Mike Schruth, another classmate and Vietnam vet, said his best memories of Magers were connected to their junior and senior years in track.

“He would bug me to run the Big Ditch to our track practice at Colton Field,” Schruth wrote. “It was difficult to keep up with him. He was an inspiration, a hard worker and a true leader.”

Rickard Ross, a classmate now living in Austria, e-mailed that he remembered Magers as a friendly and likable guy who “always seemed to have a smile on his face and was a decent young man. I remember that Paul was a good kid, never one to get into trouble.”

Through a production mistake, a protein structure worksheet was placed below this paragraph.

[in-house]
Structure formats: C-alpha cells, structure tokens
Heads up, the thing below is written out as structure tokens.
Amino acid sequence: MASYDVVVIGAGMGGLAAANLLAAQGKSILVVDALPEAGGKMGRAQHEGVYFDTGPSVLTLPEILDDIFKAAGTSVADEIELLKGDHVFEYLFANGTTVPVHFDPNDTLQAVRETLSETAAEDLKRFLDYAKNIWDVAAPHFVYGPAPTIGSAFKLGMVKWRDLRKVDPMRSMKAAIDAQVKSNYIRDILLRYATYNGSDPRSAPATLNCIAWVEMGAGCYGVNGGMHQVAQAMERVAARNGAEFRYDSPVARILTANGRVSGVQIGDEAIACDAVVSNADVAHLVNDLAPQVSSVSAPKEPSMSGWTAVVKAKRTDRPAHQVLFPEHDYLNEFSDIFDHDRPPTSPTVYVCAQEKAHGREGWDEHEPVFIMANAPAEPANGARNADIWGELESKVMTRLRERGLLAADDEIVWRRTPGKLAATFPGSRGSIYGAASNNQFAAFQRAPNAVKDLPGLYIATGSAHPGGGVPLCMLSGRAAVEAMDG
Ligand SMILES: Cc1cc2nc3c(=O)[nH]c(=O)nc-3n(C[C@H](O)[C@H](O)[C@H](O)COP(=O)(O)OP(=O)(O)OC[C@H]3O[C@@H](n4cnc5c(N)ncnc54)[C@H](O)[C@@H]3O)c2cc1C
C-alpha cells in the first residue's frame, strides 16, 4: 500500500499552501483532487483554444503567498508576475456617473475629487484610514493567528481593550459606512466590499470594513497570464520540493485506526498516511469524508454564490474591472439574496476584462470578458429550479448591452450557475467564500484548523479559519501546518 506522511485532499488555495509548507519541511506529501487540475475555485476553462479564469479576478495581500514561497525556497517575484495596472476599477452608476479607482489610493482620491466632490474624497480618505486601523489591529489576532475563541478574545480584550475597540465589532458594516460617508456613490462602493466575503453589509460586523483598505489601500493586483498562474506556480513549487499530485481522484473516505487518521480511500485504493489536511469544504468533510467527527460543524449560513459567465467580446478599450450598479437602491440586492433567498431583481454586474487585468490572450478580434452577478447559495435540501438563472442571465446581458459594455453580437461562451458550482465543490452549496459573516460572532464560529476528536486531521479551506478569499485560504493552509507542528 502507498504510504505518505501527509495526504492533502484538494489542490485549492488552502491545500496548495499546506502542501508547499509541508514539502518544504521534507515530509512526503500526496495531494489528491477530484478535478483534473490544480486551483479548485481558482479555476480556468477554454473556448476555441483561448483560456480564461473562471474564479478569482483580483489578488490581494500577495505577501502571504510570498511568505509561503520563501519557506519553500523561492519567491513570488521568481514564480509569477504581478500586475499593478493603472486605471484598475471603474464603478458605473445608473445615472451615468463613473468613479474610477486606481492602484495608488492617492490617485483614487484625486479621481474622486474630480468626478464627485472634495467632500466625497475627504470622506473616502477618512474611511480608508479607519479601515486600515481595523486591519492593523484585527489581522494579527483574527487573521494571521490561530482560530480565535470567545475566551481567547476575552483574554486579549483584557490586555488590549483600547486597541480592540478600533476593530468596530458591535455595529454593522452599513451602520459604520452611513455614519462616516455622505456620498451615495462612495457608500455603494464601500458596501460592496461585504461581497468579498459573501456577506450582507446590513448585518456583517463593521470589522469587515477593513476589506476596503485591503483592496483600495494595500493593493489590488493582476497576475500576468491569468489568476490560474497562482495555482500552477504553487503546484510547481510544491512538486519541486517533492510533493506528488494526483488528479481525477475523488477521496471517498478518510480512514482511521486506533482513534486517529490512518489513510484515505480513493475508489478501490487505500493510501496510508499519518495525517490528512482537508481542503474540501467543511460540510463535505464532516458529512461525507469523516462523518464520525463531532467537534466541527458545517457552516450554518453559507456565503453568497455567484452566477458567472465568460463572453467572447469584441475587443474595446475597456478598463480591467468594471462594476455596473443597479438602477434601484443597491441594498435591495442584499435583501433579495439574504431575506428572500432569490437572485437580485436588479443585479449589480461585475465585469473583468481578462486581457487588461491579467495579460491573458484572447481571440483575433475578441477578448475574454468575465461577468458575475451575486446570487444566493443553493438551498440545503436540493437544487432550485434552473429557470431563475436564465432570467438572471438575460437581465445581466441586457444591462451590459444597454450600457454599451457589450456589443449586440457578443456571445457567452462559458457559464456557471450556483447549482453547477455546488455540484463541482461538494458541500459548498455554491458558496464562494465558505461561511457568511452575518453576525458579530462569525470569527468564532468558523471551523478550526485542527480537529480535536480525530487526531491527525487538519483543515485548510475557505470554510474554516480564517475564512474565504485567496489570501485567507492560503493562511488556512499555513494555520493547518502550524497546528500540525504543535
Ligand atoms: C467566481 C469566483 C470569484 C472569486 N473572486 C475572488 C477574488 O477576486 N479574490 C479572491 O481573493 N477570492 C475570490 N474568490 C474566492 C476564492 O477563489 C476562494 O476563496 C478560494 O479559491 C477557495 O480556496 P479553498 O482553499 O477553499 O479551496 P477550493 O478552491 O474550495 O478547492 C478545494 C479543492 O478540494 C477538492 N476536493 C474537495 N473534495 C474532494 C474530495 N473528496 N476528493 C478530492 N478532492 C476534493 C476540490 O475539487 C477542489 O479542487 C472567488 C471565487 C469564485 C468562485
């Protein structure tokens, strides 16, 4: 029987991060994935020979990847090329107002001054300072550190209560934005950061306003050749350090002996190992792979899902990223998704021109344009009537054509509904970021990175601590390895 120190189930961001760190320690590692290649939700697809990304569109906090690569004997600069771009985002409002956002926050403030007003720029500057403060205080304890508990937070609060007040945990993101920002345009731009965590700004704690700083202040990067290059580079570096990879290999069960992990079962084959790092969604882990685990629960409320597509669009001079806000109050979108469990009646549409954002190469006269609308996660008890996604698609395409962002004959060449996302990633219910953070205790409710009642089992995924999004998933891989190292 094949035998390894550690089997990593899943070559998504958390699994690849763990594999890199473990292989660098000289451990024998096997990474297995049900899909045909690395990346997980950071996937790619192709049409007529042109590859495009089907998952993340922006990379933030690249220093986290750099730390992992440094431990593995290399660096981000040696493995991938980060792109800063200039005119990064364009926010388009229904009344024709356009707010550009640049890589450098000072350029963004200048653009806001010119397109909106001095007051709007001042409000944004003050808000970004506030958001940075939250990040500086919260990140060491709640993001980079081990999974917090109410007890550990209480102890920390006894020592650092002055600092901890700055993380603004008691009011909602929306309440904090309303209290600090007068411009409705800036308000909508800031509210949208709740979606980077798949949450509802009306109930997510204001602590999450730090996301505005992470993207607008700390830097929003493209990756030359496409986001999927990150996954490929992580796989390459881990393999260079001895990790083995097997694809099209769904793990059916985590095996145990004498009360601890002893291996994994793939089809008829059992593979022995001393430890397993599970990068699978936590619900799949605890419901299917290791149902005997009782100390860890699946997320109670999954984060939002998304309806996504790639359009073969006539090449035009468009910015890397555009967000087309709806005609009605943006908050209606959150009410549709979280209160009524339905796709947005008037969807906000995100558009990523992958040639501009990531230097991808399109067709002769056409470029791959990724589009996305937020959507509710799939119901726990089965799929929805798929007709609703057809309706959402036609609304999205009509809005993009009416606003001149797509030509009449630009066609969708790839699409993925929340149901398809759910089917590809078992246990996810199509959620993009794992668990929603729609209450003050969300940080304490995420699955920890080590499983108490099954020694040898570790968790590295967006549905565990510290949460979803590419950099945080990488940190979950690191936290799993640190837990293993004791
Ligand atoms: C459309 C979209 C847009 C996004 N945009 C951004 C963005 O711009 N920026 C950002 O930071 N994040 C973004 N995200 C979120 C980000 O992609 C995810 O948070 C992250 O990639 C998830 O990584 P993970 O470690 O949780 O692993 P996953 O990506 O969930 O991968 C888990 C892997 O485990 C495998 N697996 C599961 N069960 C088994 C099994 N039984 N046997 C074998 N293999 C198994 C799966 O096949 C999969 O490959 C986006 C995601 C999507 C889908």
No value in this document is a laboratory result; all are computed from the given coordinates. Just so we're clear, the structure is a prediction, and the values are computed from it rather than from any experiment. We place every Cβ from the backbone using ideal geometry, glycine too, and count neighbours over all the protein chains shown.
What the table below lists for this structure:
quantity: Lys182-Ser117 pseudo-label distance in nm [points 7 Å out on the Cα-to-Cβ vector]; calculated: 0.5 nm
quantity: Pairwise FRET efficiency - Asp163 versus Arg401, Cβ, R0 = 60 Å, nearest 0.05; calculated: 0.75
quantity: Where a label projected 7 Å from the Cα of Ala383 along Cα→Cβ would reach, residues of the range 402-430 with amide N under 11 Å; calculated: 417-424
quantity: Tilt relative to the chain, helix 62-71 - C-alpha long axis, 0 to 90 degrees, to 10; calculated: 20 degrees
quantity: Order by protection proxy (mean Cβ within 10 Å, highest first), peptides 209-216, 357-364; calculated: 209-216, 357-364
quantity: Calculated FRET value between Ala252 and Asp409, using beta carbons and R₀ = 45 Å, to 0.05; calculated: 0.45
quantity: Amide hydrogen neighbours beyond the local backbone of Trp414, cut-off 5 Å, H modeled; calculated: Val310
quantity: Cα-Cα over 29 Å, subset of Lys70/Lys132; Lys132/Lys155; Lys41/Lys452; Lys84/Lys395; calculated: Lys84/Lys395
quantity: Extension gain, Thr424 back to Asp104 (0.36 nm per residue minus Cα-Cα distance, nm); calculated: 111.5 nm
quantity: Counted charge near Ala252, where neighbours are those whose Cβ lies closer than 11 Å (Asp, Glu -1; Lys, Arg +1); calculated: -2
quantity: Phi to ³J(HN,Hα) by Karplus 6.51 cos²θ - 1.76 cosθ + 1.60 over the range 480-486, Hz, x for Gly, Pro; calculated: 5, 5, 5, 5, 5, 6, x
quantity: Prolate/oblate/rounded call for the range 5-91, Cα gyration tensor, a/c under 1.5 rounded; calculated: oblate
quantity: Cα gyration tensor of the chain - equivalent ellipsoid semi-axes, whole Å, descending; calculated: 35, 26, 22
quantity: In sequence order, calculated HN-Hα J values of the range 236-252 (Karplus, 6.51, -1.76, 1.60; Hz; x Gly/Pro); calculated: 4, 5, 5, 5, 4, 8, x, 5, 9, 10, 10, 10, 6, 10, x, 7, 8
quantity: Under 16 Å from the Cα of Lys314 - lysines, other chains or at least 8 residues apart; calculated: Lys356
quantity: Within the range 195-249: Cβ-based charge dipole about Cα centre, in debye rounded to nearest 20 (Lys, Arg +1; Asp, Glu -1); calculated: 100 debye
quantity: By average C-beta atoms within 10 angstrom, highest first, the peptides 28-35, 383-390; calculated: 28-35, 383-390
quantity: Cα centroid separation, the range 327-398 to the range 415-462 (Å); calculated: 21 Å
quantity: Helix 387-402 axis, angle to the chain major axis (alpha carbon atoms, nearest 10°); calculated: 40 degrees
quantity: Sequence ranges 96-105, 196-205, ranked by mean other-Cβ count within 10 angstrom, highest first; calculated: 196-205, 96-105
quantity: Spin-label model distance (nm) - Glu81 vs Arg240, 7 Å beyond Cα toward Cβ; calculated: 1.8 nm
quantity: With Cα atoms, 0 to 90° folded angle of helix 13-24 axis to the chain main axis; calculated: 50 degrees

As events unfold in Billings, Ross said he will spend time in church praying for Magers, his family and the Class of 1963. On Sunday he will dedicate the Mass he plans to attend in Grinzing to Magers’ memory.

His friends say they have thought of Magers often in the 47 years since graduation, and he is always remembered at class reunions.

“I never lost thought of him and prayed they would bring him back sometime. Our prayers are answered and thank God his mom is still here to see that happen,” wrote Hickey. “He was a very good, loyal friend.”

Copyright 2014 The Billings Gazette. All rights reserved. This material may not be published, broadcast, rewritten or redistributed.